The climbs were a cinch, the only time I had to put a foot down was due to my shocking line choice over some roots. Otherwise, it would climb like a true mountain goat thanks to the supremely crisp shifting of the Hope cassette and SRAM XX1 shifter working in perfect harmony.
Descending technical singletrack is, in my mind, where the HB160 truly came alive. The grip the bike delivered was astounding. Where I’d usually pick a line carefully through roots, the HB160 genuinely drifted over the top of everything, as if it was dancing on water; the combination of wide tyres with low pressure, a responsive back end and the geometry positioning me perfectly all came together to produce the most grip I’ve experienced when riding, and I genuinely mean it when I say that.
General riding of the HB160 was great fun too. It felt reliable, trustworthy and above all, energetic. I found the HB160 was easy to get on the back wheel and hop over little features on a trail.
We rode some decent sized jumps and drops and the HB160 swallowed them whole, with the Fox shocks absorbing everything with no question, one or two times the plush 160mm of travel compensating for a few simple, sloppy mistakes. Twisting and turning through the trees on loam dusted trails, the HB160 felt like a jacked-up Honey Badger; compact, rowdy and full of rage just waiting to be unleashed. Small bumps turned into an excuse to get the bike airborne and any slight angle in the trail had me flicking the back end out in search for hero dirt.
One small thing I was particularly impressed with were the Hope grips. The black colour almost became transparent and whilst they looked thin to begin with, they felt supremely comfortable and the knurled construction together with the slight ridge on the outer end of the grip ensured my hands felt perfectly placed throughout the ride.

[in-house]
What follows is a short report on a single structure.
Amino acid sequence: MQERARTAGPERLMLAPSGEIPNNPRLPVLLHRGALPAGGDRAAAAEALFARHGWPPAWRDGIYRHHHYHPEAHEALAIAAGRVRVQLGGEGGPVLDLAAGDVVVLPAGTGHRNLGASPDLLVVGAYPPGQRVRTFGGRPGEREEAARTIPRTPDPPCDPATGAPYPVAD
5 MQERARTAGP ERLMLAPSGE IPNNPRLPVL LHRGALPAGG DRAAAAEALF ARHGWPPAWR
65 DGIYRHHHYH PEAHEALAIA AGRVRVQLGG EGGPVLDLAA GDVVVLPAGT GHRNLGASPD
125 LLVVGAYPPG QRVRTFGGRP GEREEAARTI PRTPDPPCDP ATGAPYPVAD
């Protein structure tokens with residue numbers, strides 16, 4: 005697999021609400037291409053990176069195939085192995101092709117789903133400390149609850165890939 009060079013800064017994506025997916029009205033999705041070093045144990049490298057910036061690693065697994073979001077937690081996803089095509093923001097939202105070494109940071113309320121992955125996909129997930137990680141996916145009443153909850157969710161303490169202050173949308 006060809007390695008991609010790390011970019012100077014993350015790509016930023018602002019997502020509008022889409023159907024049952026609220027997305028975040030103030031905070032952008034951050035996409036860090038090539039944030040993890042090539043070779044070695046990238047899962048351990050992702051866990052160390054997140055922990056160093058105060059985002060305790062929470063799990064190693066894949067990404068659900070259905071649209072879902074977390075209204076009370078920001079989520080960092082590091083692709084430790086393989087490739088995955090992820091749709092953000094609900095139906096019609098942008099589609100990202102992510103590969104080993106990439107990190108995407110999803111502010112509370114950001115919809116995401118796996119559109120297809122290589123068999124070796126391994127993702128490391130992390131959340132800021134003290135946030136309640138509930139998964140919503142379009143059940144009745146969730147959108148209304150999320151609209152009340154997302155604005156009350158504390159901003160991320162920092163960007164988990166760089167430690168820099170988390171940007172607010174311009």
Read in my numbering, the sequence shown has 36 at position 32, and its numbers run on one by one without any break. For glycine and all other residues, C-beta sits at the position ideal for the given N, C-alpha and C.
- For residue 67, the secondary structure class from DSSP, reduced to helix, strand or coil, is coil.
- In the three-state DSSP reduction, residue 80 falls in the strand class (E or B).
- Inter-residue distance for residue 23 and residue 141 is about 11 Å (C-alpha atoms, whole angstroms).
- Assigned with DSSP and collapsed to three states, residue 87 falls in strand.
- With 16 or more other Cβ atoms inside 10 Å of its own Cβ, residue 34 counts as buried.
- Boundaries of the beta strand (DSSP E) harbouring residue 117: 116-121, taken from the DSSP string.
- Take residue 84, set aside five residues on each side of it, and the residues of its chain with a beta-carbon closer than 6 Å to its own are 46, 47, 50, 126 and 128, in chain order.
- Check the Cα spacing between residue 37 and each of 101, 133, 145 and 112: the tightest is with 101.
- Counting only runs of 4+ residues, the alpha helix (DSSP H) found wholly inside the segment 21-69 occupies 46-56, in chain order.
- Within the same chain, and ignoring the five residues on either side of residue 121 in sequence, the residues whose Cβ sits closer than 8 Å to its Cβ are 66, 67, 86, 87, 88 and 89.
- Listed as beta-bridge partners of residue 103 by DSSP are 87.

However, the main thing that had me in awe all day was just how refined the bike was. From the carbon weave glistening when hit by a beam of light through the trees, to the meticulous machining on the swingarm, the design of the bike has been thought through in an almost incomprehensible way. The curves on the frame are glorious and every detail has been covered; it truly is a masterpiece of design.
The handling of the bike just increases the ‘wow’ factor of the HB160 too. Snappy, sharp and ultra-responsive, it was an absolute joy to ride and I’m hugely thankful to Nirvana cycles (Neil in particular for organising it) for allowing me to ride this beast of a bike. The shop rides are superb fun with a great vibe and shop owner Simon took the time to offer some great advice to some of the newer riders which was great to see. Even better, the ride ends with a curry back at the shop; a great way to get your energy back for the day ahead!
I only experienced a couple of downsides with the HB160 during my ride; firstly, the Reverb was very slow at returning to its extended position, even after fettling with the speed. Secondly, as I felt a bit more compact on the bike than I was used to, I would have loved a little extra width in the bars. An 800mm bar rather than a 780mm would have been preferable, but both of these are easily rectified, so neither would be a show stopper when considering a purchase.
I actually struggled to write this review as it’s hard to convey how impressive the HB160 was in words. It’s perhaps because I felt a bit humbled riding this bike; if I’m honest, it was almost like letting a gibbon drive a Formula One car.
The HB160 is an exceptional bike, made by the best. It’s no surprise that it comes at a premium, but then you’d not expect to pay peanuts for a McLaren or an Aston Martin, would you? If you’re lucky enough to have the budget for this one, you simply must test one and you cannot go wrong with a shop ride with Nirvana Cycles to put it through its paces.
I’m off to put one of my kidneys on eBay, I’ll catch you soon.
Ian @ Stealth Riders
I took a huge amount of photos, so here’s a small gallery to feast your eyes on, including a few shots of the new team jersey (but more on that in a separate post soon):